Quizzing glasses (quizzers)

A single lens to peer through.

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The quizzing glass was popular with both men and women from the eighteenth century onwards. Unsurprisingly for such a simple device there were earlier precursors, for instance in the sixteenth century Holbein painted Edward Seymour holding something that looks remarkably similar.

Hogarth, Rowlandson and Cruikshank all caricatured the use of quizzing glasses and famous quizzer users included Charles James Fox.

Quizzing glass

Because they are monocular you will sometimes see quizzing glasses described as 'monocles'. Some were indeed (even if they have a handle) intended for placing within the eye socket but this term is potentially misleading and 'quizzing glass' or simply 'quizzer' is more likely to be accurate. The word 'manocle' meaning a hand-held lens has also been used but is not a popular term. The gold handle of the example shown on the right revolves and features a central compartment for containing a vinaigrette. Quizzers have also been made combined with watch keys or compartments to keep a lock of hair.

Quizzing glass lenses could be round, oval or oblong. The rims are often faceted, or pinchbeck, or mounted with diamonds, turquoise or imitation stones. The museum has one example made from jet. Occasionally a more elaborate example will have both an inner and outer rim. The handles could be plain or decorative like this or more imaginatively constructed, for example as a series of intertwining loops. Sometimes on close inspection  the loops can turn out to be more than they first appeared - a dolphin swallowing its own head perhaps, a Roman harp, or back-to-back Chinese dragons. The handles were generally quite short, some offering barely enough material to get a firm grip although a secure hold could be assisted by the decoration which in some cases, therefore, has to be regarded as semi-functional in its purpose.

Victorian quizzing glasses could be hung from a chain worn around the neck. Many of these were made of cut steel. Sometimes the links of the chain are as decorative, if not more so, than the quizzing glass itself. the use of these devices often had negative associations:

Quizzing: 'The act of mocking by a narrow examination through a quizzing-glass or by pretended seriousness of discourse'.

(Definition from the Royal Dictionary Cyclopedia of Universal Reference by Thomas Wright, 1865).

Like spectacles, quizzing glasses were also provided with their own specially shaped cases.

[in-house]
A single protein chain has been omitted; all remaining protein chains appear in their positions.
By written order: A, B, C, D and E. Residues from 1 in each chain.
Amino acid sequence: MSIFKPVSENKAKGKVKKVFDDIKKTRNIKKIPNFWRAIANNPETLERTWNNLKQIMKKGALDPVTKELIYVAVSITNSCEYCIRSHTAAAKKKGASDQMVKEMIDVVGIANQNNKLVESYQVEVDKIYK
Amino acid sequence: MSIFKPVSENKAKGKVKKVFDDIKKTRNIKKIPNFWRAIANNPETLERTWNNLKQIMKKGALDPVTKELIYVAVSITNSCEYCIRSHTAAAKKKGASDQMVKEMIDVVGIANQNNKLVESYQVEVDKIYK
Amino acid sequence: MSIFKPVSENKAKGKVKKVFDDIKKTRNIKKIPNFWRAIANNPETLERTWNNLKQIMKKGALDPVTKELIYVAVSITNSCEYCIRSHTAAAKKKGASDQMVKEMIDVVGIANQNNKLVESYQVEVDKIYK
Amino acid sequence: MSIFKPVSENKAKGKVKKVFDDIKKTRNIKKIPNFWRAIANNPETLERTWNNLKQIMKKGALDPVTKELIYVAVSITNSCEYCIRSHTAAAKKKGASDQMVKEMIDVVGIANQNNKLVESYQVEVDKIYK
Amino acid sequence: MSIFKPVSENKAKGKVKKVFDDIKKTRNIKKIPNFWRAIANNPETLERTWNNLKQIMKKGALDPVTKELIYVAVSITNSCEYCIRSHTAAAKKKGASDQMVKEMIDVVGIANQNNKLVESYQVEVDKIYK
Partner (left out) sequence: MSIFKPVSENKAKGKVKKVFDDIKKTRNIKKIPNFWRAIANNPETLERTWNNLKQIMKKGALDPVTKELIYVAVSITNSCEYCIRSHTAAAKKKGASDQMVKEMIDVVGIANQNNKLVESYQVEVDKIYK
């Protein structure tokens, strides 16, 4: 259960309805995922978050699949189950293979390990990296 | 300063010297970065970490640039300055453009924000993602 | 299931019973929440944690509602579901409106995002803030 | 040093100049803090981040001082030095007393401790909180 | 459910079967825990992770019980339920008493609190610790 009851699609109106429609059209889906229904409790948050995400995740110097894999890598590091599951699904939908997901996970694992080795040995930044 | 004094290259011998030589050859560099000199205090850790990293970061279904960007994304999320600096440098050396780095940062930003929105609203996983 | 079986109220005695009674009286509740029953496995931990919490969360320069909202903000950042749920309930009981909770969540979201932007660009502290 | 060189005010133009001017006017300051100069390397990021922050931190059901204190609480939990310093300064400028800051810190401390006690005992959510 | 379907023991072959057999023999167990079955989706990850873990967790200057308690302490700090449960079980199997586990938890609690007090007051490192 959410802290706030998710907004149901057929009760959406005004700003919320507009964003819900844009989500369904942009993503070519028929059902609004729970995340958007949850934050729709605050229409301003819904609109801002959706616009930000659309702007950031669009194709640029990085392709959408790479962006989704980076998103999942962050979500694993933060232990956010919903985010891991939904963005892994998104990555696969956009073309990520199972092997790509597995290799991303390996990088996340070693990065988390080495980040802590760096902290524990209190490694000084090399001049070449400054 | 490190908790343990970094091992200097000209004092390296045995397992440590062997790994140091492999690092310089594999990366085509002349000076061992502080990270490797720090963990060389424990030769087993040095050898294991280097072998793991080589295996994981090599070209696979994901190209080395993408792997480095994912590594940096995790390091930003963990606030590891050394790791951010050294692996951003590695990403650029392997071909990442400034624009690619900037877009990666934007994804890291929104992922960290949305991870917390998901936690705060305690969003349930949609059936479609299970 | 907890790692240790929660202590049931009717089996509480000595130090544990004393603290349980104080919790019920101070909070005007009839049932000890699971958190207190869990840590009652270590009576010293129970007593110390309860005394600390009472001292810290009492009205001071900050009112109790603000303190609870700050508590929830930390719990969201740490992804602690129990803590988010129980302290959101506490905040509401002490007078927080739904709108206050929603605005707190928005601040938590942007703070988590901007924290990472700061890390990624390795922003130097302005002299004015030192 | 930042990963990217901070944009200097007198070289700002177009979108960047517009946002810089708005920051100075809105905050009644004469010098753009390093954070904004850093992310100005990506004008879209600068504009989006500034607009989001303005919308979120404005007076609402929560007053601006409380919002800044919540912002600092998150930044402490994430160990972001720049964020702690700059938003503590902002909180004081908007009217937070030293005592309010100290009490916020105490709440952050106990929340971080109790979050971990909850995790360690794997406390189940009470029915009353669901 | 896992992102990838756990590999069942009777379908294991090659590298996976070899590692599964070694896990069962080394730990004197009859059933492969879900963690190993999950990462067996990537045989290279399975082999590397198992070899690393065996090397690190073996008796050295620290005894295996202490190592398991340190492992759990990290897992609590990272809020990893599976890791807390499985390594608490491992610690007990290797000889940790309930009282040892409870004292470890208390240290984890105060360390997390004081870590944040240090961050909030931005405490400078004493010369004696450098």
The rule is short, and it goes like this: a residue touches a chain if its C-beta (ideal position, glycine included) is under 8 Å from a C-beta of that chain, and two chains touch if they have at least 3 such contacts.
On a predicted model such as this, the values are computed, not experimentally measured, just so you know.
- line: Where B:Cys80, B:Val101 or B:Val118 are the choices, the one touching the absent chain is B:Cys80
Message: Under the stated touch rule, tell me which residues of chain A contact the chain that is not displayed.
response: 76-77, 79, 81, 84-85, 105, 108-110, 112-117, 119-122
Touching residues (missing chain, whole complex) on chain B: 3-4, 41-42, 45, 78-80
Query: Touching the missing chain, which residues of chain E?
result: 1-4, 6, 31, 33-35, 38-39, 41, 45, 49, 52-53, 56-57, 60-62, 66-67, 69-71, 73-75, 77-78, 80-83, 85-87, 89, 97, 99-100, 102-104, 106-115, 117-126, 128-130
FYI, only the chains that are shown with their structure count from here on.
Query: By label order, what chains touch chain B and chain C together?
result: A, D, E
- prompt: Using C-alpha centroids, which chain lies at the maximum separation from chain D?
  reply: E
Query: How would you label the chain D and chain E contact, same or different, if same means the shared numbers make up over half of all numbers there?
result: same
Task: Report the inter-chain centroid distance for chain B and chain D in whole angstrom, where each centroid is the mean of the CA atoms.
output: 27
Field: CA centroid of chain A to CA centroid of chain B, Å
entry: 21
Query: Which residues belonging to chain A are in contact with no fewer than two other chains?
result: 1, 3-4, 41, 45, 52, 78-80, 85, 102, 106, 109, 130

An early variation on the quizzing glass is the single hand lens, which often folds into a case-cum-handle of tortoiseshell or Mother of Pearl. Some of these are difficult to distinguish from magnifiers. The difference is in the position the device needed to be held, closer to the face in the case of quizzing glasses rather than close to the object being viewed.  

The popularity of quizzing glasses waned after 1850 but opticians continued to supply quizzing glasses, now often in colourful plastic frames and mainly marketed for women, until the later 20th century.

The dandy and the quizzing glass

statuette of a French dandy using a quizzing glass

When a Russian academic working in conjunction with History of design departments in Sweden and Australia needed three-dimensional source material on the history of eighteenth and nineteenth century dandies, she knew where to come! Amongst other things we showed her this figurine. It's a fine example of a dandy in all his exaggerated bodily pose, not entirely comfortable we suspect ...and almost contorted. To see the complete way his body is twisted you'll have to visit the museum to see the object itself. He moves his whole body around in a self-conscious manner to follow the direction of his hand-held quizzing glass. This was no way to obtain good clear vision but in a society where appearance and mode of stance and behaviour meant more, this was the way to deport yourself.

The statuette was produced at an unknown date in the 19th century (probably between 1870 and 1885) and is marked on the socle as being supplied by the noted workshop Maison Alphonse Giroux. Founded by Francois Simon Alphonse Giroux in 1799 this business began as cabinetmakers to the Cathedral of Notre Dame, Paris. One of Francois' two sons was Alphonse Gustave Giroux who took over the business in 1838 and produced all manner of ornate objects d’art for various members of European royalty. Giroux received a silver medal at the 1839 Exposition des l’Industrie Francaise and produced pieces for the World Exposition of 1855. We might also note that Maison Giroux is credited with having produced the first commercial camera and many daguerrotype portraits under the direction of Monsieur Daguerre (a family relation of Giroux) himself. In 1867 the company was taken over by Duvinage and Harinkouck before ceasing trading in 1885.

The statuette, which stands about 22cm high, is a work of the artist Emile Coriolan Hippolyte Guillemin (1841-1907). He specialised in bronzes of exotic or foppish figures, musicians or literary giants.